Thanks for the support Mary. At the moment Adobe stock offers a better deal for photographers, and you will get the same images at equally good prices.

  2. Hakan Kurteri Hakan Kurteri May 29, 2020

    Therefore, we say #boycottshutterstock

  3. Tim Collins Tim Collins May 30, 2020

    Getty and Shutterstock did not drive down the price of stock photography, the market did that. Photographers who are complaining should focus their ire on their fellow photographers who give away their work for free on all the free stock photo sites.

    • Christina Hemsley Christina Hemsley May 30, 2020

      Really? It’s the fault of fellow photographers that Shutterstock thinks keeping up to 85% of royalties for themselves is ok? That download plans will seldom be completely used and thus the remaining money stays with Shutterstock to 100%?

      Let’s please assign the blame where truly due in this case

  4. Luca Luca May 30, 2020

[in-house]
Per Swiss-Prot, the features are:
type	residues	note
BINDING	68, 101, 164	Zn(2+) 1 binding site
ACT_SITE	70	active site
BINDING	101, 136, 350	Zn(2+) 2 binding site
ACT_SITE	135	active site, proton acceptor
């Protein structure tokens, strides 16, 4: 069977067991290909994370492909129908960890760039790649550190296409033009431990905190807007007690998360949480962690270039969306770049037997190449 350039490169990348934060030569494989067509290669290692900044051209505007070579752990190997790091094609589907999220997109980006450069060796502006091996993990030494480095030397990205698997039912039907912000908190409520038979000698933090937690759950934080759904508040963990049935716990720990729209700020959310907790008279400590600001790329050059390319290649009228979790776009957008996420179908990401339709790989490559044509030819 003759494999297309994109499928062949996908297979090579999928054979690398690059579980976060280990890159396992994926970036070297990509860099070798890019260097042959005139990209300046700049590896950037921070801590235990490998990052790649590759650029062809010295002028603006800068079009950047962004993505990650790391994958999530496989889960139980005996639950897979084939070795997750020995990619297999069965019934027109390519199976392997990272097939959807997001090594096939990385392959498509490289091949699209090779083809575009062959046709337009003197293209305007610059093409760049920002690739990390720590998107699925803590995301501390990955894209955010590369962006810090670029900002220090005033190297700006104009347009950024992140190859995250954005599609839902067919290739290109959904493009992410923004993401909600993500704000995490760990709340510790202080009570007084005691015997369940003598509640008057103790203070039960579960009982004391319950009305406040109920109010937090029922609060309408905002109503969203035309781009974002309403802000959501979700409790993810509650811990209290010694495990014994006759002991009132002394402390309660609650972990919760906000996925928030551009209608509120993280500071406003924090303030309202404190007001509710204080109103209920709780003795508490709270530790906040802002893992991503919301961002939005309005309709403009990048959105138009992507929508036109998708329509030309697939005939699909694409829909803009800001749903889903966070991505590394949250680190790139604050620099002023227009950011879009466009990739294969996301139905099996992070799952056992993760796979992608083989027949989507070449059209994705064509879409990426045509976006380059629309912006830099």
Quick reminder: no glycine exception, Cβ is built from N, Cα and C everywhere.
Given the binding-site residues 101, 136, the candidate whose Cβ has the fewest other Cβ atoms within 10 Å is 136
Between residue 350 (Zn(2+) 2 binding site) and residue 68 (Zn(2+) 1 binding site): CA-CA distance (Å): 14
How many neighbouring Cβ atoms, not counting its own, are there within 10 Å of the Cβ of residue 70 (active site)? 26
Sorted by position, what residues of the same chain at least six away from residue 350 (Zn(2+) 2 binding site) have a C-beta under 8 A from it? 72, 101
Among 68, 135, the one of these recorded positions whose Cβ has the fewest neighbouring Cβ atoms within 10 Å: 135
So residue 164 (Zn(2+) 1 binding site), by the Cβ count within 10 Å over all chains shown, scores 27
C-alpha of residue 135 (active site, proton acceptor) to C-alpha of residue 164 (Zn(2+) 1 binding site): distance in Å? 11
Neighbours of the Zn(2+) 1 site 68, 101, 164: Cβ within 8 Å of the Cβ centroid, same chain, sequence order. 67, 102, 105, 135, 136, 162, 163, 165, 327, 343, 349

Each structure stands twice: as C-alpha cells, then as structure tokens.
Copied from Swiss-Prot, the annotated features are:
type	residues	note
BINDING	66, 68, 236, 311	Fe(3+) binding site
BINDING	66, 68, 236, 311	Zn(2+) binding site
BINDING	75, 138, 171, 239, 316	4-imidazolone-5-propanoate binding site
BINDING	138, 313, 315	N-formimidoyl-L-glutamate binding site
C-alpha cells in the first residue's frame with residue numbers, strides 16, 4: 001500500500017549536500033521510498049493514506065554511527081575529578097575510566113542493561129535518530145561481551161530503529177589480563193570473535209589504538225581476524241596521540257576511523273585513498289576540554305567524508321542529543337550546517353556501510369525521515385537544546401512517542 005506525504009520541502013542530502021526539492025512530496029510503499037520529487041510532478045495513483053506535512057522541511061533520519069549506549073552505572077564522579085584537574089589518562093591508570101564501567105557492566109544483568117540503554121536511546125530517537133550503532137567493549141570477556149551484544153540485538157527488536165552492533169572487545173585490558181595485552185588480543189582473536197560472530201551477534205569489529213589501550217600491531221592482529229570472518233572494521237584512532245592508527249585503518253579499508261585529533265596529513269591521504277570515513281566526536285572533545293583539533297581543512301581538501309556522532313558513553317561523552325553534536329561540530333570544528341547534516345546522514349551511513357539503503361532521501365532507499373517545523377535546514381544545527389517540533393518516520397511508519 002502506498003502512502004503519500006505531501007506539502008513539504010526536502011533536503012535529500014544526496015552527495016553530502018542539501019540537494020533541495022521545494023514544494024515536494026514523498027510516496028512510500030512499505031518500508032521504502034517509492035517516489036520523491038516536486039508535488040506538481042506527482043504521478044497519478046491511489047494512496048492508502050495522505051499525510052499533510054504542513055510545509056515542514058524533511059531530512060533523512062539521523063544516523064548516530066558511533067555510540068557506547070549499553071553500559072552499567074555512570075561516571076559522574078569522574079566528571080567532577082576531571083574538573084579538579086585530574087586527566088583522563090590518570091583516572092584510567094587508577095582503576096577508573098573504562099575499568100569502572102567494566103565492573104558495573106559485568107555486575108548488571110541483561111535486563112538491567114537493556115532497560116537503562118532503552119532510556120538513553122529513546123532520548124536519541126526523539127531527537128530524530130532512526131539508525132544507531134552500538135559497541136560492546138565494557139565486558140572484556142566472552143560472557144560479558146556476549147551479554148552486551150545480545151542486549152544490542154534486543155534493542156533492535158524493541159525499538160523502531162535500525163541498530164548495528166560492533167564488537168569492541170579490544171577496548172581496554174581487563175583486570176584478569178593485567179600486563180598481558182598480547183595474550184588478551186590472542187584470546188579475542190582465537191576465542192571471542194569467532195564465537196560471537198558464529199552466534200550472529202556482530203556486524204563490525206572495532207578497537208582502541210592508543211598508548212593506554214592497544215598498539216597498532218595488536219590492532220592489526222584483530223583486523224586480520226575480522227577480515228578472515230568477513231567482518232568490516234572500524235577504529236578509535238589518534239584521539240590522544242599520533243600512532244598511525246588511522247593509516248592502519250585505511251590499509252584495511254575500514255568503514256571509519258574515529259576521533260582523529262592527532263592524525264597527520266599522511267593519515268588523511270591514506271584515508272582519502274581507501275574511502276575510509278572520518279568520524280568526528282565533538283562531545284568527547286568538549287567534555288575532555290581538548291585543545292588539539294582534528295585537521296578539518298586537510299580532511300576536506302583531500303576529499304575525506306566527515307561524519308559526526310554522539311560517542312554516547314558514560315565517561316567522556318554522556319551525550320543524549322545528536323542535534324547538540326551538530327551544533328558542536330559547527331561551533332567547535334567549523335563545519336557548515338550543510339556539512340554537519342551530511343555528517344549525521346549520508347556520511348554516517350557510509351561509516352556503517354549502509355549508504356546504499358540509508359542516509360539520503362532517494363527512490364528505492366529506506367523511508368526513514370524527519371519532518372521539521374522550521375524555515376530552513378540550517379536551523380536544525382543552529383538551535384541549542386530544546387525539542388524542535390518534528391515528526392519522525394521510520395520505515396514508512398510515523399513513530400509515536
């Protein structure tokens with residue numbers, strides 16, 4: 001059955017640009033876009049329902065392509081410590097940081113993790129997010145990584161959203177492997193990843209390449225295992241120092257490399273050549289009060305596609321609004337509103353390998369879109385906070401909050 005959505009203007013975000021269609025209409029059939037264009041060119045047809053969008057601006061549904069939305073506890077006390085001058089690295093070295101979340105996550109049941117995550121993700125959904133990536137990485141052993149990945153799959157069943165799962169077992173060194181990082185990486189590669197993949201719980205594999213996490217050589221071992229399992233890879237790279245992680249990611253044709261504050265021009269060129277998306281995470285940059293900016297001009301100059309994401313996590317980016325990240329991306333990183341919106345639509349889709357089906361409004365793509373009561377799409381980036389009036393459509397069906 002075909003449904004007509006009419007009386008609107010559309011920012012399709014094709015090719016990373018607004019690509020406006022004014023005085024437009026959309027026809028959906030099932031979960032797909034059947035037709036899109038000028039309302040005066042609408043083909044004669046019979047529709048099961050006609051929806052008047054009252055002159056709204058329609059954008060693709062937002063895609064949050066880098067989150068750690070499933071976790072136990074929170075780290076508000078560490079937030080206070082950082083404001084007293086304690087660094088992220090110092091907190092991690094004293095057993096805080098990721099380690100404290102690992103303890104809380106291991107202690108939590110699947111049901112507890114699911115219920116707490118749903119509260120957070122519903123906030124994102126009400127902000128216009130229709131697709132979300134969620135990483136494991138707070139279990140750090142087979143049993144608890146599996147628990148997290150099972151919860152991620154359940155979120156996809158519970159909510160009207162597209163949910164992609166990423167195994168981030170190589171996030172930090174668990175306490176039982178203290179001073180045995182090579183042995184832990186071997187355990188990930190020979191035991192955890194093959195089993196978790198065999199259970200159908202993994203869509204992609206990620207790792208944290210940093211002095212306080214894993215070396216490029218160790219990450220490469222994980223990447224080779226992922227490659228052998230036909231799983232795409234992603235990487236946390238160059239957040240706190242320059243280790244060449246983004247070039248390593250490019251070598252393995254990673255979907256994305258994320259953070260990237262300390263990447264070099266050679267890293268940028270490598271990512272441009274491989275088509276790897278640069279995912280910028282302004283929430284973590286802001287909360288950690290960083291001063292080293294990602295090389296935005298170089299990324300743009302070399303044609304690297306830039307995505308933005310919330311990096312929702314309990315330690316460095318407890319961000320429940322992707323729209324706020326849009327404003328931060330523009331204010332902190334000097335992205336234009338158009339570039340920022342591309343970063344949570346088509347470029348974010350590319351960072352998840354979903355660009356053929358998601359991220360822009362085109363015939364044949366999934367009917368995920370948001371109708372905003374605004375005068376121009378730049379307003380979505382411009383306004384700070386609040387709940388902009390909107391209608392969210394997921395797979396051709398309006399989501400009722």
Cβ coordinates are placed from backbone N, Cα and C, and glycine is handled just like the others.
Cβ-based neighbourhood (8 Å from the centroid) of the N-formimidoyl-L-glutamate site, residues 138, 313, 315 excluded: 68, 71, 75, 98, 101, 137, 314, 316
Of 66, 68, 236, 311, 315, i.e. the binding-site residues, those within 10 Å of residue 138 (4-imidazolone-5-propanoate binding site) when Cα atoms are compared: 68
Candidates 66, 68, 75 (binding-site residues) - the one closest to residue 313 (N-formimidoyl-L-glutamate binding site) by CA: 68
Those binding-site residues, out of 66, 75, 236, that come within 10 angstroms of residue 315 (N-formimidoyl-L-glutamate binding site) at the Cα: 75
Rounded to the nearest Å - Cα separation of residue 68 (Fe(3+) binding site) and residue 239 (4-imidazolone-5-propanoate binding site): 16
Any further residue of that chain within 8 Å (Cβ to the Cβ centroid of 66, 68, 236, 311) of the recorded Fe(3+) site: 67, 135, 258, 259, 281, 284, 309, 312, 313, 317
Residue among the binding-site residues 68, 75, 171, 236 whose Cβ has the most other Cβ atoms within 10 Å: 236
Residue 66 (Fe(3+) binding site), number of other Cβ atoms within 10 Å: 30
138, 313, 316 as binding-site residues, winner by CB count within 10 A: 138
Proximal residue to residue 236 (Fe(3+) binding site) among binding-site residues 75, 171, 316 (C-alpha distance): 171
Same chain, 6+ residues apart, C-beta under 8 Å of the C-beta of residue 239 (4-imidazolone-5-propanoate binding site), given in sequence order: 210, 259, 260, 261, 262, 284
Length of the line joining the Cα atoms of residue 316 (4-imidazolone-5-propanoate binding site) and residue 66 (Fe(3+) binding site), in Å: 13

I really recommend Adobe Stock and Pond5 which are treating its contributors fairly and with respect. Not like this ShutterCrap!

    • Bigwallystyle Bigwallystyle June 11, 2020

      You mean, Shitterstock.

  5. Matylda Laurence Matylda Laurence May 30, 2020

    Interesting comment Tim Collins…I do agree that for many years now the image market place has changed to almost a ‘free for all’ mindset. For those like Richard Whitcombe who have invested heavily on top range equipment and their time in providing high-end media the blow is the greatest to bear. Myself, with just over 1260 images on Shutterstock these past two years my sales are still on Level 1 but for many like me the urge to supply what the market wants has diminished to a trickle especially when the review process is virtually broken. With no real communication between the contributor and the image maker the frustration level is dire as my professional mindset is that customer is king and working as a strong team breeds success. There will always be those who want everything for free and 15 minutes of fame attitude but to underpin any commercial enterprise there has to be a strong cohesive foundation…